And thus, at 33, Messi has either decided that he does want to pursue the rest of his career away from Catalonia or is at least prepared to push the issue to its most extreme point.

Formally requesting a transfer - that’s where the good old burofax came into play - is the ultimate sign of that and also rubber-stamped the certainty that this thing will become a legal minefield. For there is no arguing with a burofax, no claiming that the intention was not clear. Messi has done the equivalent of handwriting a note saying that he wants to leave, gotten a notary public to endorse it and had it dispatched by a legal courier.

It is a fascinating development and further proof that the two sides, Messi’s representatives and the Barca board, no longer have any semblance of trust for one another. In the city of Barcelona, preparations are already underway for his departure, with a series of club legends issuing public messages that boiled down to the same thing: "thanks for the memories." And meanwhile, for a hot minute, "burofax" was a trending term on American search engines.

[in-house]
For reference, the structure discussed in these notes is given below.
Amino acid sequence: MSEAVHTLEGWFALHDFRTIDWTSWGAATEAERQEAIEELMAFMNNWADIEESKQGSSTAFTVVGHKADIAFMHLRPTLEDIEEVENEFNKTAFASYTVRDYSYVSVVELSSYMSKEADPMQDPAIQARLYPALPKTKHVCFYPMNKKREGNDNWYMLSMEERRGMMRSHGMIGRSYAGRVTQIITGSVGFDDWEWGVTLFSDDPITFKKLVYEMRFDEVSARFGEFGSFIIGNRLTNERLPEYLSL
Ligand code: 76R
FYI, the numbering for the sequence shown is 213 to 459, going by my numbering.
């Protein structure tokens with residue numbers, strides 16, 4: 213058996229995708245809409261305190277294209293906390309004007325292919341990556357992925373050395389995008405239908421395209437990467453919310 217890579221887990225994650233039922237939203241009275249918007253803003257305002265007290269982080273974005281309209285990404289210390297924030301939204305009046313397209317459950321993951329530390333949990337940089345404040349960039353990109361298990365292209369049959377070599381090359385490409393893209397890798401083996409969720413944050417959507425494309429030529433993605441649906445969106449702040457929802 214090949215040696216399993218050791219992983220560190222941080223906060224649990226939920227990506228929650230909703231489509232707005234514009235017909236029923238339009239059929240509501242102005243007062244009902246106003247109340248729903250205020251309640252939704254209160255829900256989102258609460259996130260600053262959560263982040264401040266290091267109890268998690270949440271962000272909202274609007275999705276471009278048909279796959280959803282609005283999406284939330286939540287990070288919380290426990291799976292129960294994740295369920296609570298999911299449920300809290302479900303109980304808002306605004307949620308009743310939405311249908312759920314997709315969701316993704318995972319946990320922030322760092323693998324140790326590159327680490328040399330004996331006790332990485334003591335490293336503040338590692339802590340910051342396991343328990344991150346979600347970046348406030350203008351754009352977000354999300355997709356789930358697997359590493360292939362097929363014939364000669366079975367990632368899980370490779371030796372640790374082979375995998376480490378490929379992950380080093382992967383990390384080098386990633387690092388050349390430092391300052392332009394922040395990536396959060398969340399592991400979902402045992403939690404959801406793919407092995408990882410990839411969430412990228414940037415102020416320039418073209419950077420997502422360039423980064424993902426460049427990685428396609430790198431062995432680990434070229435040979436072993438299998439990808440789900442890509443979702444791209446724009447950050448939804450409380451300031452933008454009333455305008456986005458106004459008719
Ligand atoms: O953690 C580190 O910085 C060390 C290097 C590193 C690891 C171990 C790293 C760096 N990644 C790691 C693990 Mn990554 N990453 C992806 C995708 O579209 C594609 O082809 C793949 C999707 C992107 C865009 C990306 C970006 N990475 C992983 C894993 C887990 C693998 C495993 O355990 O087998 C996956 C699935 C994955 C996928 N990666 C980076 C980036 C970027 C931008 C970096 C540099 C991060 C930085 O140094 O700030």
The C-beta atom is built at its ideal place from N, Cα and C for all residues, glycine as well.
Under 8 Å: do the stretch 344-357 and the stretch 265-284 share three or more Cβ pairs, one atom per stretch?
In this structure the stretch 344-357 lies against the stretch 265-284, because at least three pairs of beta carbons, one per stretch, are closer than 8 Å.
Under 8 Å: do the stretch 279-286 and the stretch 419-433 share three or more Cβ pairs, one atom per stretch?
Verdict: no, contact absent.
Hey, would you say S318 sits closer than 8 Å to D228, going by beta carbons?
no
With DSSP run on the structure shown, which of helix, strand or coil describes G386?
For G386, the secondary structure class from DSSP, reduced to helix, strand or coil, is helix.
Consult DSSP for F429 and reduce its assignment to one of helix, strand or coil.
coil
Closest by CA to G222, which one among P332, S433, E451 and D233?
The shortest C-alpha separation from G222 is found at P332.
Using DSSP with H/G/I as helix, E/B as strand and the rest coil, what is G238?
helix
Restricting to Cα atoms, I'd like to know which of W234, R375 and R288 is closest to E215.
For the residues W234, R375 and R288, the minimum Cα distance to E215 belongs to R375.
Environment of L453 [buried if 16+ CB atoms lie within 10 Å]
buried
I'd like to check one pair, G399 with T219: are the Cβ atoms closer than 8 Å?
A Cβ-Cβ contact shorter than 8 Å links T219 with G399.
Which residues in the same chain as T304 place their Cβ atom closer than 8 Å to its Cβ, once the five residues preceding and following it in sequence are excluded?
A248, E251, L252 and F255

The lawyers are going to get busy because of the intricacy and the timing of how this is going down. Messi had a clause in his deal that allowed him to move away from the club on a free transfer at the end of the season. That’s where things are going to become fraught.

Because this was no typical season, in case you needed reminding. So while Barcelona will position that the forward had a deadline of the end of May to request and exercise that free agency caveat, Messi’s lawyers will state that with the campaign extended three months due to COVID-19, he did beat the deadline.

Legal jargon like this is often painfully dry and boring, but it feels much less so when it comes to a soccer transaction of such massive consequence. The legalese could truly decide everything, because if Messi doesn't have the right to leave for free, the set value to buy him for another team is an impossible $831 million.

They say no player is bigger than a club, but Messi is almost as much of an institution as Barceona is, and wherever he goes instantly becomes one of the most-watched teams on the planet.